do mean max. if you take a fan onto it after it speeds it up a lot as well. You would only want to
dip the phone in for a few seconds and shake it around to make sure the iso mixes with all the
water and once it has the concentration of iso will clear up the water damage.
(I had to go to an electronics store to get 90%, the drug store stuff is 70%) of course.
Radio Shack(TM) Precision Electronics Cleaner that contains Isohexane, Difluoroethane & Ethanol.
This type of cleaner eliminates any corrosion, evaporates, and provides a layer of protection.
A Popular Mechanics article says, "you'll want to avoid dunking the phone in rubbing alcohol (A
prescribed tip on the Web). Alcohol is a solvent and can dissolve the internal adhesives. "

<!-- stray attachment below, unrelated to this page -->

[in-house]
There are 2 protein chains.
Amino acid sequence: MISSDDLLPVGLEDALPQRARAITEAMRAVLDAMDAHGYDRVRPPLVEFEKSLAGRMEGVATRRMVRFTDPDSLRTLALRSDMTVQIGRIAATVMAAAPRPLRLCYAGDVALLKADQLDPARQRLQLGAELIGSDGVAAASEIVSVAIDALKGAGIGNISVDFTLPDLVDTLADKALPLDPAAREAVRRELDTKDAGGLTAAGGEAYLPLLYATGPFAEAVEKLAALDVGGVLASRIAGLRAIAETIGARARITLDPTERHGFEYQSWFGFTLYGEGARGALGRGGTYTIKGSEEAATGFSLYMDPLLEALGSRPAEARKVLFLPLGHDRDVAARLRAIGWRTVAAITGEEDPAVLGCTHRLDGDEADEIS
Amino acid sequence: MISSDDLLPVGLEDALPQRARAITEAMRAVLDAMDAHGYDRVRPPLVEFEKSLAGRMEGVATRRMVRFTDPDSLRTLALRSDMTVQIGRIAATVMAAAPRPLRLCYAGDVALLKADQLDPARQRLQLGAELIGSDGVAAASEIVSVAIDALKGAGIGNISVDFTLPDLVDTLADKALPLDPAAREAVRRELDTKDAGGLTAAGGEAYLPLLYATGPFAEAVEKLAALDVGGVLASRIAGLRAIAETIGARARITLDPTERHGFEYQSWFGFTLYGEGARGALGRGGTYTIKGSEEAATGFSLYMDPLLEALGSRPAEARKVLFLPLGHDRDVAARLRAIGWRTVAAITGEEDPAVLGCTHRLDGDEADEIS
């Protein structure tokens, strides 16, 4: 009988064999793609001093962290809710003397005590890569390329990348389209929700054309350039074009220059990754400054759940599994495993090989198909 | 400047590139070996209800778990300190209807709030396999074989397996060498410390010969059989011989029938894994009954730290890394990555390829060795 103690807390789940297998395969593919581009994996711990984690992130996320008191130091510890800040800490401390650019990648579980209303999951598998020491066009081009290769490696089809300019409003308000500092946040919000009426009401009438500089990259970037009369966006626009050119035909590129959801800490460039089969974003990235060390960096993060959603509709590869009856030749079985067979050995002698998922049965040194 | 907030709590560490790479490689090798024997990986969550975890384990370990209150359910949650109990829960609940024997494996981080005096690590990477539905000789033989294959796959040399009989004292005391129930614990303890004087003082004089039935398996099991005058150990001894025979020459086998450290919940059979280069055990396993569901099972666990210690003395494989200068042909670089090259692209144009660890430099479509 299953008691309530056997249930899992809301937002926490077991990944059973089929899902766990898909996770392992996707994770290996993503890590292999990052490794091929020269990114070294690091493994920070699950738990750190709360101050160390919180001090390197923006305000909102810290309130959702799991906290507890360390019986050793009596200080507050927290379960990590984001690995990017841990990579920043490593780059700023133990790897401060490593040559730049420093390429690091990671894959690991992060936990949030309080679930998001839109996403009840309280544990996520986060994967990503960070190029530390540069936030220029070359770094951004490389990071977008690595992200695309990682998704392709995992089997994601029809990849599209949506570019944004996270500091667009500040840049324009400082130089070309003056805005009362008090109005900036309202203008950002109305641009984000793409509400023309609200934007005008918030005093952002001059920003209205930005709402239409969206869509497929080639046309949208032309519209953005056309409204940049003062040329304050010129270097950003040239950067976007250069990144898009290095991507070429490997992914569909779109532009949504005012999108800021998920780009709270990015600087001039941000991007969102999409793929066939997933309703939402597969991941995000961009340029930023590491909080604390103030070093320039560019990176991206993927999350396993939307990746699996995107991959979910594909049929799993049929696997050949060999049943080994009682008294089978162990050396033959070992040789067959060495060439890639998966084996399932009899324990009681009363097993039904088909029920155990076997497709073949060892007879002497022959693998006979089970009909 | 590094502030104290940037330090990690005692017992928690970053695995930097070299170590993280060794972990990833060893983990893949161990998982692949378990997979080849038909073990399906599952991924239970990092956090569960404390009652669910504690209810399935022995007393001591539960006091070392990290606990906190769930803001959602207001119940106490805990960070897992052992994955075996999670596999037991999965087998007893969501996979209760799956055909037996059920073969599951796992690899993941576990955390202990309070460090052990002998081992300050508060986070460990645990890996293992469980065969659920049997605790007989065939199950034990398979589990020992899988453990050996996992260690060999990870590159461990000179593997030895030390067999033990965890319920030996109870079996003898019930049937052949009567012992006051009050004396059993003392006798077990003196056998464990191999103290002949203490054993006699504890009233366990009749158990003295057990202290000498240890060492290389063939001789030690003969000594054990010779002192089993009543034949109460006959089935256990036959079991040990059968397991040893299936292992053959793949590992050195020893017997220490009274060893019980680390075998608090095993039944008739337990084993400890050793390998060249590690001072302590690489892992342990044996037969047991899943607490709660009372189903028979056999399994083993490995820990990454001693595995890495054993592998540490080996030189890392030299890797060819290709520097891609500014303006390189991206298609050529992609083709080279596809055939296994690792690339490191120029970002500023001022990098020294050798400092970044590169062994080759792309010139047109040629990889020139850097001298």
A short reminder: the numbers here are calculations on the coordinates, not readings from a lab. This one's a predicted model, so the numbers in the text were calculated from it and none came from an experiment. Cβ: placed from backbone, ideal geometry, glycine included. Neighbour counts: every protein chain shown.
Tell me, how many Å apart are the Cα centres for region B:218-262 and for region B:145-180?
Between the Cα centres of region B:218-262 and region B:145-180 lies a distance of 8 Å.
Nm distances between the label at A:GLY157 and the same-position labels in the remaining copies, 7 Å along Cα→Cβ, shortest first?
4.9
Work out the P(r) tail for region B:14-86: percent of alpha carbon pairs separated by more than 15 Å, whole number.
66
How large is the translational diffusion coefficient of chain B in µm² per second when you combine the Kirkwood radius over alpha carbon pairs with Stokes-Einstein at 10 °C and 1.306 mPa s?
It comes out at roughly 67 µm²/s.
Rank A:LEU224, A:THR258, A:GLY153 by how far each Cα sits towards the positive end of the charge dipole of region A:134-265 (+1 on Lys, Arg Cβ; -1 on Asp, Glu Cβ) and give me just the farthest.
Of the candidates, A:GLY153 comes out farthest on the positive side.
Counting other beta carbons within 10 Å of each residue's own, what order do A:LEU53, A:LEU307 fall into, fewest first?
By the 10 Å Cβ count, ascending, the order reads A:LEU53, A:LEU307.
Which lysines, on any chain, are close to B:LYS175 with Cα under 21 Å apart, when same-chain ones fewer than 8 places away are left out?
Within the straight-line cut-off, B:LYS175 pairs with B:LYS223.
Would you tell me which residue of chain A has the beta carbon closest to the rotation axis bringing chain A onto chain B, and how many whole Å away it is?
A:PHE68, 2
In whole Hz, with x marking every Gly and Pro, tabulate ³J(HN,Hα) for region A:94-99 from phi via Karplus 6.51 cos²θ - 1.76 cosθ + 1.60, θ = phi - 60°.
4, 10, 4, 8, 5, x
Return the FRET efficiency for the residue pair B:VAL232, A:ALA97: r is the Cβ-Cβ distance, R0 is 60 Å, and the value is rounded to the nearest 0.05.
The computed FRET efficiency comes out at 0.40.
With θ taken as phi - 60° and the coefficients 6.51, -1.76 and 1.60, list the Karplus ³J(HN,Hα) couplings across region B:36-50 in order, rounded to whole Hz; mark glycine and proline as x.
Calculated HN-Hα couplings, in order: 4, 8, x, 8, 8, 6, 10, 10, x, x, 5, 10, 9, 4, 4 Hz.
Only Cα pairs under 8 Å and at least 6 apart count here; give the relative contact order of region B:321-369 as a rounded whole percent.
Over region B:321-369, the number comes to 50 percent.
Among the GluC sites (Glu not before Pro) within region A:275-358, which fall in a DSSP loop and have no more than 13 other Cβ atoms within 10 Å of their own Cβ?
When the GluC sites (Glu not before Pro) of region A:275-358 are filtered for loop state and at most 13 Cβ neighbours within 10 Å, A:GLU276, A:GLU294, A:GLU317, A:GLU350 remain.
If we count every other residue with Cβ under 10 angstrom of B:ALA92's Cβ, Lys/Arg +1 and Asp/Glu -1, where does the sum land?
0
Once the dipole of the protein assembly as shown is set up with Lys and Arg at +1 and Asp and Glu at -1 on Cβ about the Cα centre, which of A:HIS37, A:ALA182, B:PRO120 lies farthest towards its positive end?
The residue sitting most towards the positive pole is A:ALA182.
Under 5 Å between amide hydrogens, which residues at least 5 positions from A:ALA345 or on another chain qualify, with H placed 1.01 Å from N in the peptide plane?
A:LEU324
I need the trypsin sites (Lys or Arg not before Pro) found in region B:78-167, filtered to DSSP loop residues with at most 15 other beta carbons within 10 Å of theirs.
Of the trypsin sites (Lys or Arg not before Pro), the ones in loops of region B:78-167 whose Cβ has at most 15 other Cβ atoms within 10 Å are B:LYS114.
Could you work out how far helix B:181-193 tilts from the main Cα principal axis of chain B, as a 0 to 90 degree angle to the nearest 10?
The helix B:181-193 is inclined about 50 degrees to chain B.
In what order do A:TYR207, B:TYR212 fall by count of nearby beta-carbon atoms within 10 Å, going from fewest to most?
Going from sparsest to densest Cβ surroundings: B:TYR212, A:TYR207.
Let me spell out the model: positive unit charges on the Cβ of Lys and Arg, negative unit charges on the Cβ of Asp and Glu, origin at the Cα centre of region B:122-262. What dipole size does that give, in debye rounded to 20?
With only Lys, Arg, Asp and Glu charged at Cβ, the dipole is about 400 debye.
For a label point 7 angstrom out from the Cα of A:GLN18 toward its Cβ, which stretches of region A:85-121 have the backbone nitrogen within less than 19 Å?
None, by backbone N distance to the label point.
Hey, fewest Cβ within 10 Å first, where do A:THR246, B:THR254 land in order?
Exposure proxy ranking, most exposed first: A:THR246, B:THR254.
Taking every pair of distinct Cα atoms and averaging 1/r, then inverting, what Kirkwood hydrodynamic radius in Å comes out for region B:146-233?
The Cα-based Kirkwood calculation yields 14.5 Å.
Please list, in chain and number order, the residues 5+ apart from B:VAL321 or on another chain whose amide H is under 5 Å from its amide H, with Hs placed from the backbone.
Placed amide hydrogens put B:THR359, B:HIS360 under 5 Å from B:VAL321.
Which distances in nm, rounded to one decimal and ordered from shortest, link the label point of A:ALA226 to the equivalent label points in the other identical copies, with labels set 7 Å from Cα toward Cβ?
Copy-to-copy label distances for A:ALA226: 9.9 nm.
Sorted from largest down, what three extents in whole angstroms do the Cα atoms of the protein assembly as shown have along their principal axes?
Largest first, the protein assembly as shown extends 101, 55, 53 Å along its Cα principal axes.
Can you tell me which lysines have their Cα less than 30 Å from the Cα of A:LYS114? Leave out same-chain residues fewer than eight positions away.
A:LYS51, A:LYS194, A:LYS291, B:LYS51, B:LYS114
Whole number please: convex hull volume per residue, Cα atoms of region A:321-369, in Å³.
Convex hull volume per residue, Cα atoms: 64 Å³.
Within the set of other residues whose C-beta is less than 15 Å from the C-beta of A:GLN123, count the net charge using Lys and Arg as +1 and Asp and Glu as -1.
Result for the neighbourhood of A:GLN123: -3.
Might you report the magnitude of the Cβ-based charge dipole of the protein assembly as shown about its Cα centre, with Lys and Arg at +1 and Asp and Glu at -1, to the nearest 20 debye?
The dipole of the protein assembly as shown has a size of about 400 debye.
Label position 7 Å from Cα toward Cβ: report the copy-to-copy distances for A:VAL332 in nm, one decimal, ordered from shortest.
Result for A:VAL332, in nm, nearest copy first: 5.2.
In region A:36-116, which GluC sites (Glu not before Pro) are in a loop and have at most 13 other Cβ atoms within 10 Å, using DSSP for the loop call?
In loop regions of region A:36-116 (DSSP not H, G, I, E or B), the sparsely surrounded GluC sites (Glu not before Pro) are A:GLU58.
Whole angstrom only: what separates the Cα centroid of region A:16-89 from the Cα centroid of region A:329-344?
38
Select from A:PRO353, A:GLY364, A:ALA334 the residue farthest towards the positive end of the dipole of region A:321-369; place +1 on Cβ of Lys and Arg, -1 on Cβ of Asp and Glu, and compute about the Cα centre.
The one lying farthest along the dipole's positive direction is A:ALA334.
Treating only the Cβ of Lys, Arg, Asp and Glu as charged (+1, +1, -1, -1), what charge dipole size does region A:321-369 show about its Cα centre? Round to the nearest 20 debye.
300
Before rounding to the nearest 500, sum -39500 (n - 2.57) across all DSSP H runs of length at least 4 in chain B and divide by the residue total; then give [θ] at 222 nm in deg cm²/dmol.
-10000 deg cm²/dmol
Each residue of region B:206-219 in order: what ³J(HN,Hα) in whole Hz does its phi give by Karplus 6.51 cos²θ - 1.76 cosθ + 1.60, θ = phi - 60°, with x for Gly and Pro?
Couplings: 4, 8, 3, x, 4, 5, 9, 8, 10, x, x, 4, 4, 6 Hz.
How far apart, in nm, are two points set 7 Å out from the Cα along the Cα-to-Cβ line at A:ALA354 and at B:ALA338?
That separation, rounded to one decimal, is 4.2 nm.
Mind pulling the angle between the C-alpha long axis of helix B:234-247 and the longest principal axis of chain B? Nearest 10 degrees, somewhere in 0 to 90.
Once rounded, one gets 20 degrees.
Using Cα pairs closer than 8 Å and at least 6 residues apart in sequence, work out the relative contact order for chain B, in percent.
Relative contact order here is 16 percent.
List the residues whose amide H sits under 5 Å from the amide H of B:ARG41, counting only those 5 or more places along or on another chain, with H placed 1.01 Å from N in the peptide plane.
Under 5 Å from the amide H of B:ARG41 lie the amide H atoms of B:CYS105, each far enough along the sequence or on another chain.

According to the Magnuson-Moss Warranty Act (P.L. 93-637) (1975)
The federal minimum standards for full warranties are waived if the warrantor can show that the
problem associated with a warranted consumer product was caused by damage while in the
possession of the consumer, or by unreasonable use, including a failure to provide reasonable and
necessary maintenance.
Replacement android: (My story)
I got my Samsung Galaxy Wet (it was in a box on my car seat which also had a thermos of tea
which spilled). It was on and the power switch and touch screen stopped working, I kept trying the
power switch which was probably only doing more damage by activating wet circuits. I did several
other bad things, 1. blew some hot air (only briefly) thru the SD card slot to try and force the
water down and out the 30-pin connector on the bottom. I also dipped briefly in some isopropyl
alcohol. It started to work briefly the next day, but stopped. I took it to the Verizon store where I
got it and admitted I spilled some tea on it. They said they couldn't see any evidence of water
damage and sent in a request for a replacement and gave it back to me. I then put it in a bag